Does Hormone Replacement Therapy Increase All-Cause Mortality?

Cancer


Two trials studied the effects of hormone replacement therapy in post-menopausal women to determine any effects on all-cause mortality and mortality from heart disease or cancer.

The United States National Institutes of Health launched the Women’s Health Initiative in 1991 to understand the causes of heart disease, breast and colorectal cancer, and osteoporotic fractures in postmenopausal women as well as to identify strategies for their prevention.Two double-blinded, placebo-controlled randomized clinical trials carried out as part of the initiative involved testing the effects of hormone replacement therapy in 27,347 healthy post-menopausal women between 50 and 70 years old. In one trial, women with an intact uterus were injected with conjugated equine estrogens (CEE) plus medroxyprogesterone acetate (MPA) for a period of about five years.2

In a second trial, women with hysterectomy were injected with CEE alone for a period of about seven years.3 The CEE trial was discontinued due to an increased risk of breast cancer, and the MPA trial was discontinued due to an increased risk of stroke.  However, the participants of both trials were followed up until 2014.

The results of the follow-up were recently discussed in the British Medical Journal.4,5 A total of 7,489 deaths occurred during follow-up.  Of these, 1,088 deaths occurred during the intervention phase and 6,401 deaths during the post-intervention follow-up period.

The study found that there were no differences in all-cause mortality between the pooled hormone replacement therapy (HRT) group and the control group. Mortality from cardiovascular causes was found to be 8.9% in the HRT group, compared to 9.0% in the placebo group. Mortality from cancer was 8.2% in the HRT group, versus 8.0% in the placebo group.

These results support current clinical guidelines that consider hormone replacement therapy as reasonable for women experiencing menopausal symptoms such as moderate to severe hot flashes and night sweats. However, the results suggest that hormone replacement should not be used to prevent cardiovascular disease or cancer, as it offers no survival benefits. Health care providers should take into consideration that these trials followed a specific regimen for estrogen and/or progesterone, and therefore, these results may not be applicable to other hormone replacement regimens.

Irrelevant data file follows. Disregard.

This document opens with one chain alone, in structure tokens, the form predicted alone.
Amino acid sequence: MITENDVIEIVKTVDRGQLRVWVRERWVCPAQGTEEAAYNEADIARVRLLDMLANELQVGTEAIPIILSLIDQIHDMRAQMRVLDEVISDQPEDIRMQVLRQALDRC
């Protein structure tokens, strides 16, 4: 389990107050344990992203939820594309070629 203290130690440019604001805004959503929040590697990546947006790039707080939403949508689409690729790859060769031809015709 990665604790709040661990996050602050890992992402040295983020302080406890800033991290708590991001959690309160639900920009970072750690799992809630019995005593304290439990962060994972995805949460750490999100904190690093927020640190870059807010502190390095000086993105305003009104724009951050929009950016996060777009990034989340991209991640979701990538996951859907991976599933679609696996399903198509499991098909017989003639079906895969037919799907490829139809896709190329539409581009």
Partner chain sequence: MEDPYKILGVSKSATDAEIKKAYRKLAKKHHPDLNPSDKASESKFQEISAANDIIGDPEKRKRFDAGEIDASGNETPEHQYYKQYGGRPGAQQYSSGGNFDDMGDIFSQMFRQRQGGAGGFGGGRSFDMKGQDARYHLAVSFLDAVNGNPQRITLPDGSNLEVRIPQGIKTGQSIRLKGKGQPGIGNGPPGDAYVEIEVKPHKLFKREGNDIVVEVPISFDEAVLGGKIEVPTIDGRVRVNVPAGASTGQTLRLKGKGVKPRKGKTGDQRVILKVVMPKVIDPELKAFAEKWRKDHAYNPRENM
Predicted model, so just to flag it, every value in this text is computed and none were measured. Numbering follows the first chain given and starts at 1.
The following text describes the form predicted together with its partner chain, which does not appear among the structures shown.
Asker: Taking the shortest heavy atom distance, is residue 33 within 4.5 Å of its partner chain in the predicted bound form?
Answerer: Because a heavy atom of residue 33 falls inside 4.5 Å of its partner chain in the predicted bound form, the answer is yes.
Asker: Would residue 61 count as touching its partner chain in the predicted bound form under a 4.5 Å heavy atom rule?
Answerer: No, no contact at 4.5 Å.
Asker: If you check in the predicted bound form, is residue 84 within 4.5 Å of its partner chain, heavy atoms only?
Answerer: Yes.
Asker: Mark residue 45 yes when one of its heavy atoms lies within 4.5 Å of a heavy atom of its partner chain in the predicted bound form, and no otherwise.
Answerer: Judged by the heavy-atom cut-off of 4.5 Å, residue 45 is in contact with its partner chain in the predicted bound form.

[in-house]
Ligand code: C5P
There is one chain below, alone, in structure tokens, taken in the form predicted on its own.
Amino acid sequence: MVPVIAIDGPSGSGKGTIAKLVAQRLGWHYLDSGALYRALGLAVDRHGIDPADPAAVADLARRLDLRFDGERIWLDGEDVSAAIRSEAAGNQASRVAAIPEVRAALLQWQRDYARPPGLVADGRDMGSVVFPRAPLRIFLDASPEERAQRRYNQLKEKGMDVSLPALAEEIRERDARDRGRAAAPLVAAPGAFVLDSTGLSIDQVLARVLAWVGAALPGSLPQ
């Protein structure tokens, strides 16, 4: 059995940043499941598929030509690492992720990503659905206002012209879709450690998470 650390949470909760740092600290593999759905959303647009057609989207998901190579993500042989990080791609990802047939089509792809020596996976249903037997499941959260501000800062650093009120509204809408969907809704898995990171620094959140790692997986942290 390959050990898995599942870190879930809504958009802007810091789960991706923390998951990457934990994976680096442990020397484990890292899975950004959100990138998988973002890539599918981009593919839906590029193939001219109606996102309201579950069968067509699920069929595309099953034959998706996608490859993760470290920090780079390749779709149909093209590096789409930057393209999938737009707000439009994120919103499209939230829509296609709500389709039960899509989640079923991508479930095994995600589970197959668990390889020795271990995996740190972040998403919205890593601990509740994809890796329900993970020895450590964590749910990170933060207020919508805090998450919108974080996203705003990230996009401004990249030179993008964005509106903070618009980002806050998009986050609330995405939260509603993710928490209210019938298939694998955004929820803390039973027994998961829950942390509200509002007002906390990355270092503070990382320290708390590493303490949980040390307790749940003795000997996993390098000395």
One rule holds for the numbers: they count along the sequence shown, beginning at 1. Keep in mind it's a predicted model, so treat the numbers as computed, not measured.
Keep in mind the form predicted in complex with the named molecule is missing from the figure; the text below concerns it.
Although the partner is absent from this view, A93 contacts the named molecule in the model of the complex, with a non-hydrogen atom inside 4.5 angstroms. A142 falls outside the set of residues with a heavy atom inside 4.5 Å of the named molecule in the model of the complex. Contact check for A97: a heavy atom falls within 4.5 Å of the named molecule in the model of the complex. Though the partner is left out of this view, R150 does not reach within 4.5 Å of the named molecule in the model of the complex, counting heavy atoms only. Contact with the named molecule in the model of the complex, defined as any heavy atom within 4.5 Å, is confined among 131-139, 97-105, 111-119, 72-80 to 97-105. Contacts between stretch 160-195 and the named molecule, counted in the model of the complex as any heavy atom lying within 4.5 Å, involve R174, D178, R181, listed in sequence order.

Previous findings of the Women’s Health Initiative have shown that hormone replacement therapy can increase the risk of breast and ovarian cancer, coronary heart disease, stroke, and pulmonary embolism.2 These new findings indicate that despite increased disease risk, the likelihood of dying from these diseases is not any higher and should set to rest some of the fears about adverse outcomes in women who have undergone hormone replacement therapy.

Written by Usha B. Nair, Ph.D.

References:

  1. Women’s Health Initiative. Welcome to the Women’s Health Initiative. https://www.whi.org/SitePages/WHI%20Home.aspx. Accessed: September 15, 2017.
  2. Rossouw JE, Anderson GL, Prentice RL, et al; Writing Group for the Women’s Health Initiative Investigators. Risks and benefits of estrogen plus progestin in healthy postmenopausal women: principal results From the Women’s Health Initiative randomized controlled trial. JAMA. 2002 Jul 17;288(3):321-33. PubMed PMID: 12117397.
  3. Anderson GL, Limacher M, Assaf AR, et al; Women’s Health Initiative Steering Committee. Effects of conjugated equine estrogen in postmenopausal women with hysterectomy: the Women’s Health Initiative randomized controlled trial. JAMA. 2004 Apr 14;291(14):1701-12. PubMed PMID: 15082697.
  4. Manson JE, Aragaki AK, Rossouw JE, et al; WHI Investigators. Menopausal Hormone Therapy and Long-term All-Cause and Cause-Specific Mortality: The Women’s Health Initiative Randomized Trials. JAMA. 2017 Sep 12;318(10):927-938. doi: 10.1001/jama.2017.11217. PubMed PMID: 28898378.
  5. Wise J. No overall increase in all cause mortality with HRT, study finds. BMJ. 2017 Sep 12;358:j4230. doi: 10.1136/bmj.j4230. PubMed PMID: 28899851.



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